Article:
Festival


Fingering Bishops and saucy wenches

It’s nearly Beer Festival time again. I may try to do some more custom beer posters again, as in 2004 and last year. My Bishop’s Finger poster was so “offensive” it had to be ripped down (and done again, because I’m not going to be censored). I wonder what the muppet who complained would have to say about the lusty wench ad campaign currently being run for the beer?

via Fleshbot (NSFW)

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Burn baby burn

After the A1GP we went to Exchange Square to see some more of the Sky festival, and were greeted by a pall of black smoke on the skyline behind Darth Vader and the stormtroopers.

An HGV had exploded in Salford and it and a building were ablaze. We spent a long time in Next waiting for their customer service to get their act together and by the time we left the smoke was no longer there.

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Jazz festival in the rain

Jazz festival in the rain
Jazz festival in the rain,
originally uploaded by spinneyhead.

There are two free outdoor music festivals on in manchester today. One’s over by Urbis, an indie band affair that was asked to stop for half an hour so it didn’t spoil a wedding, and the jazz festival on Albert Square.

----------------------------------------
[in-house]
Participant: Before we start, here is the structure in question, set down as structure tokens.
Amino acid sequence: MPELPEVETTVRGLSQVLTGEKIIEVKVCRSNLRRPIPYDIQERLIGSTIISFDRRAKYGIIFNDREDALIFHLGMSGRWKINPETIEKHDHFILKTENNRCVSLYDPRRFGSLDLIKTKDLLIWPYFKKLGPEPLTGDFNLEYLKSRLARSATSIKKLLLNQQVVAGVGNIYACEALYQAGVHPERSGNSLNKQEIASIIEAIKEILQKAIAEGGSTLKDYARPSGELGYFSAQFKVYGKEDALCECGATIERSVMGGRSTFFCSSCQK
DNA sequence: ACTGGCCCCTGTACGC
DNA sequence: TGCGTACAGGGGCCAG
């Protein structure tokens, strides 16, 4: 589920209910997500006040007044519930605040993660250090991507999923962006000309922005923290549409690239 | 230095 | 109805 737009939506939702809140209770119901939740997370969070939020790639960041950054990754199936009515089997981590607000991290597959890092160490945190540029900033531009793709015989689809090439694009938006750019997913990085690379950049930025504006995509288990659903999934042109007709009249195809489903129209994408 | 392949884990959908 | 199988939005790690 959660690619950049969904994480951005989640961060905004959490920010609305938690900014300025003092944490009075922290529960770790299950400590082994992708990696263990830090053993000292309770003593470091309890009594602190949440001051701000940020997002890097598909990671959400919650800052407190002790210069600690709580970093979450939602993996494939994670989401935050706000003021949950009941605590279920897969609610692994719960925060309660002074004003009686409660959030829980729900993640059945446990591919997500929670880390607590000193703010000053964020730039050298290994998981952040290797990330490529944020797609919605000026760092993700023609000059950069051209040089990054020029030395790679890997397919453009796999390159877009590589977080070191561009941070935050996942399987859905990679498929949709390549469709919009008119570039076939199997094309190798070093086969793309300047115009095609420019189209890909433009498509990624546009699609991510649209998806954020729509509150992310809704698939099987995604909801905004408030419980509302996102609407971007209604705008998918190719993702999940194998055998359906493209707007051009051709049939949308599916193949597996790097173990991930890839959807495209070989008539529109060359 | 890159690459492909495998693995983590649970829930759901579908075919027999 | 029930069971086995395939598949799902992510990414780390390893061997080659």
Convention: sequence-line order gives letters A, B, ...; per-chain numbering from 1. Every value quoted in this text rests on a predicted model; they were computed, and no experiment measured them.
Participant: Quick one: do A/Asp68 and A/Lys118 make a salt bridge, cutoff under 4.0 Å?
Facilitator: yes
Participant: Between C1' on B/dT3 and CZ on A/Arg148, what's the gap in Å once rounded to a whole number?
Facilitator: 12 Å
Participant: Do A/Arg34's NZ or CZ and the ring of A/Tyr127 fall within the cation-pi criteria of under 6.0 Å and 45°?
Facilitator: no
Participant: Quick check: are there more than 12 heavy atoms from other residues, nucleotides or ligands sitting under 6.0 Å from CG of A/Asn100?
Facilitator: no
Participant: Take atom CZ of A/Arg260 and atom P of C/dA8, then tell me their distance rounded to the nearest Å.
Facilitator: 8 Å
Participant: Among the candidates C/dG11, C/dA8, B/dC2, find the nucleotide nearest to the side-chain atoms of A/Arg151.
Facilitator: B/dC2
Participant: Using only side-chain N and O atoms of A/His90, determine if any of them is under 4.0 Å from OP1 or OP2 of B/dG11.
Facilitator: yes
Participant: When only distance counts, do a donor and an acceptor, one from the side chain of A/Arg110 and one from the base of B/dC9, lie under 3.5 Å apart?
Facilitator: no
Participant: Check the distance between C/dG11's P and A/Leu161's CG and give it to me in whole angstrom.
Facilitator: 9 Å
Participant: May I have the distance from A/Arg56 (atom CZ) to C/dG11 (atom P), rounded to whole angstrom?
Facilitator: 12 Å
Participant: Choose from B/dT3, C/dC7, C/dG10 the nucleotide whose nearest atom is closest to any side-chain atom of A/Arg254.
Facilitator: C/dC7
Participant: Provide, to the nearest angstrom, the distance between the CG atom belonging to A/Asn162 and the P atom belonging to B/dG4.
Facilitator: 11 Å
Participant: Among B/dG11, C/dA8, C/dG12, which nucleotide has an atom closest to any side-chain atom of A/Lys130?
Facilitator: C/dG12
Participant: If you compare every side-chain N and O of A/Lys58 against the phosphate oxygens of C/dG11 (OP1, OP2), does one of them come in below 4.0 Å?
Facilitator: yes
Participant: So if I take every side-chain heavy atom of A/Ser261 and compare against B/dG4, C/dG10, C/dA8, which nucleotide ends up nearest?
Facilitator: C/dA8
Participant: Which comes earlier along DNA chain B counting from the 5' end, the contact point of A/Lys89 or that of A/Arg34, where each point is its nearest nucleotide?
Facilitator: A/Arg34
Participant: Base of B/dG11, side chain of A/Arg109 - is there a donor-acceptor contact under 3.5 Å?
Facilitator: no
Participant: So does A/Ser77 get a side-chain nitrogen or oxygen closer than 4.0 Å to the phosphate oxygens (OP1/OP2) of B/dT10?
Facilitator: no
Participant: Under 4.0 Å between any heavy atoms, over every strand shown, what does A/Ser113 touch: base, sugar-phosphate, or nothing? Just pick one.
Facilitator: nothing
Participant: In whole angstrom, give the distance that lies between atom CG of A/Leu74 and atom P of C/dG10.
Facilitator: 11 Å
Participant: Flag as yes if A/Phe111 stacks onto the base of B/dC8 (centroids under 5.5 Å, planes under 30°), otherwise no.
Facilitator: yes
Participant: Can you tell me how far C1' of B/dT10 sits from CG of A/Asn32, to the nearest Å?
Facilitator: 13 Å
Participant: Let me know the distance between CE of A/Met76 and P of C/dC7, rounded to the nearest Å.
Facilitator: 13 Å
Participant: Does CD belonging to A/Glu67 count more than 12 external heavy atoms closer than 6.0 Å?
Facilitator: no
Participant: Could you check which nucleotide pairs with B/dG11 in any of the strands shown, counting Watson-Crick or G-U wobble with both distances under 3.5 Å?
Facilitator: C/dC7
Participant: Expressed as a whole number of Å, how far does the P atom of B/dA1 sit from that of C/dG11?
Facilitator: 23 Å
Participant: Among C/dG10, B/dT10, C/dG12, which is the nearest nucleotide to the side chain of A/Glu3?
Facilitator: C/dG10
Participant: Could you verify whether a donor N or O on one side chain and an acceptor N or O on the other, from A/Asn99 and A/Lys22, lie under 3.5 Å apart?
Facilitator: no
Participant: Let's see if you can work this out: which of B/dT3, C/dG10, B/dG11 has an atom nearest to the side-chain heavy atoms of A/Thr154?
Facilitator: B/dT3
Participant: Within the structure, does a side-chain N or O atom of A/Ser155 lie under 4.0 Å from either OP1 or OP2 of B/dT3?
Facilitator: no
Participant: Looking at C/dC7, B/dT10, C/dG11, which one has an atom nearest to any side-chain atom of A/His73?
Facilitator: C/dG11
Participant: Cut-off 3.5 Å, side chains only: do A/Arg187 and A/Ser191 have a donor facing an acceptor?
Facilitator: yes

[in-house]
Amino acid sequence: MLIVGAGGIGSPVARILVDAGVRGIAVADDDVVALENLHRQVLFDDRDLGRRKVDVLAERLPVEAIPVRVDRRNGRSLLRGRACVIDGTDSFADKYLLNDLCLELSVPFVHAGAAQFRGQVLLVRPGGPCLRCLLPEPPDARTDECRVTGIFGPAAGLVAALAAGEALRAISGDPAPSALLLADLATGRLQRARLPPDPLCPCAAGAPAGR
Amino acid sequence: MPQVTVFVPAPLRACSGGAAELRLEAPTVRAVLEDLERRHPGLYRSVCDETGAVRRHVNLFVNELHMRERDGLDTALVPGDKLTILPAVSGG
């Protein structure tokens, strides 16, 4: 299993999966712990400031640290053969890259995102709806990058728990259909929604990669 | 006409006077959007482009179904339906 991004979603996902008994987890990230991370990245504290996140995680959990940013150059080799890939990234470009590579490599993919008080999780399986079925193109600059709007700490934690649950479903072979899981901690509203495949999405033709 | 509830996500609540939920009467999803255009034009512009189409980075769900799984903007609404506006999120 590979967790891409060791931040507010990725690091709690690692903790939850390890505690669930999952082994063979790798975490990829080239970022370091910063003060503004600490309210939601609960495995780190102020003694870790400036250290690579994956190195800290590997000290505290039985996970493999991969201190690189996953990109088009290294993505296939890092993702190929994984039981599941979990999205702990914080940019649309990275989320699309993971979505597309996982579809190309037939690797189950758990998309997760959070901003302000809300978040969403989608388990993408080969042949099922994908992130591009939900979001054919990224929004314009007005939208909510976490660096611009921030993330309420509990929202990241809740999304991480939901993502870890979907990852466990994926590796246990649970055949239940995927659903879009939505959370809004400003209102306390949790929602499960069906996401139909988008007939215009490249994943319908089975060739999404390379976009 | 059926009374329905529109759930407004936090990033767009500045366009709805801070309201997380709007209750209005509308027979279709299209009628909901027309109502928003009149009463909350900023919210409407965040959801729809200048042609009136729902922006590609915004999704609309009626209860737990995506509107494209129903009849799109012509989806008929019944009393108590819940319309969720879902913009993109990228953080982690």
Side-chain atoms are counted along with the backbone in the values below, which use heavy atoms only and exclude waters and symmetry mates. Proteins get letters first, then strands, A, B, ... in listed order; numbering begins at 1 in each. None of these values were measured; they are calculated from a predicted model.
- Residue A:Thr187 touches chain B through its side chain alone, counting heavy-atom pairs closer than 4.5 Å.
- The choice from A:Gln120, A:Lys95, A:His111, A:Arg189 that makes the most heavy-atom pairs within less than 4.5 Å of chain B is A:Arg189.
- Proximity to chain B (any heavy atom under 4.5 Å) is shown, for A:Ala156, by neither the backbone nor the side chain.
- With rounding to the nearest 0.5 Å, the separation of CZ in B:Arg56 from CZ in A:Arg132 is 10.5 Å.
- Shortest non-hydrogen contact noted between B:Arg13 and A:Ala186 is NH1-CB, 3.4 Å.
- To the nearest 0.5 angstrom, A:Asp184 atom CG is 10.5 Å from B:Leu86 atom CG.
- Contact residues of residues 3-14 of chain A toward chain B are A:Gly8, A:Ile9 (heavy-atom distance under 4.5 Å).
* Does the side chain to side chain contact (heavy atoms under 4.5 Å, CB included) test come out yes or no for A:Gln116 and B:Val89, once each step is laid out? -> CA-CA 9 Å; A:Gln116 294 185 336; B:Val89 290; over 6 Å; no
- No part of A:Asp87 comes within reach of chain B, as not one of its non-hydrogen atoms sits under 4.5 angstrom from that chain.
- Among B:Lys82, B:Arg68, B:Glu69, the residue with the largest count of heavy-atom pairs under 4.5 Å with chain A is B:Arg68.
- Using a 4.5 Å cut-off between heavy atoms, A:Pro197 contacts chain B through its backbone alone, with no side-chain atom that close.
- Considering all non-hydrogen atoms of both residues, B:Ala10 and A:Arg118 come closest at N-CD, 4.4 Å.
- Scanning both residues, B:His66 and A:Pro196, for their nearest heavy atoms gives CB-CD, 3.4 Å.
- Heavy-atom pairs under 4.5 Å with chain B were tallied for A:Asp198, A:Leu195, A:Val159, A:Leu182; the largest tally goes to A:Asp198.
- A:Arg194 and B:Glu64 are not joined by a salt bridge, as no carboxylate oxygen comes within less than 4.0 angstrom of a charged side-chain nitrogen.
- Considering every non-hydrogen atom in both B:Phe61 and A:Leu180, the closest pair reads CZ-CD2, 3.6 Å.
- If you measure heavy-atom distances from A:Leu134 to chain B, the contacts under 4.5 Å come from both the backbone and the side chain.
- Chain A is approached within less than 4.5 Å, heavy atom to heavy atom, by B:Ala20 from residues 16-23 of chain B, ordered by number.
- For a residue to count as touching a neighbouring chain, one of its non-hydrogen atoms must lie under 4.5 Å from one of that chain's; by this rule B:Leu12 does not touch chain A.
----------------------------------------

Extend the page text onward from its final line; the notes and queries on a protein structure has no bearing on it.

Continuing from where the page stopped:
I left the indie festival when I realised most of the crowd were less than half my age- young enough, basically, to be my children. I headed across town to the one sponsored by the coffee company. Now I’m surrounded by people my age and their children and feel just as out of place.
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Blackburn Arts in the Park

As promised, photos from Blackburn’s Arts in the Park festival-

The first band we saw who were worthy of the name (there was a dire cover versions duo on the main stage when we arrived) were Story One. There should definitely be more fiddles in indie music. Their new album is being released online on 1st August. Well worth checking out.

Next up were Polytechnic who, I’m afraid, didn’t impress.

Tom Hingley and the Lovers, one of the three bands we came to see for nostalgia reasons. After an excellent opening with Saturn 5 they went on to play a great set of mostly Inspiral Carpets classics.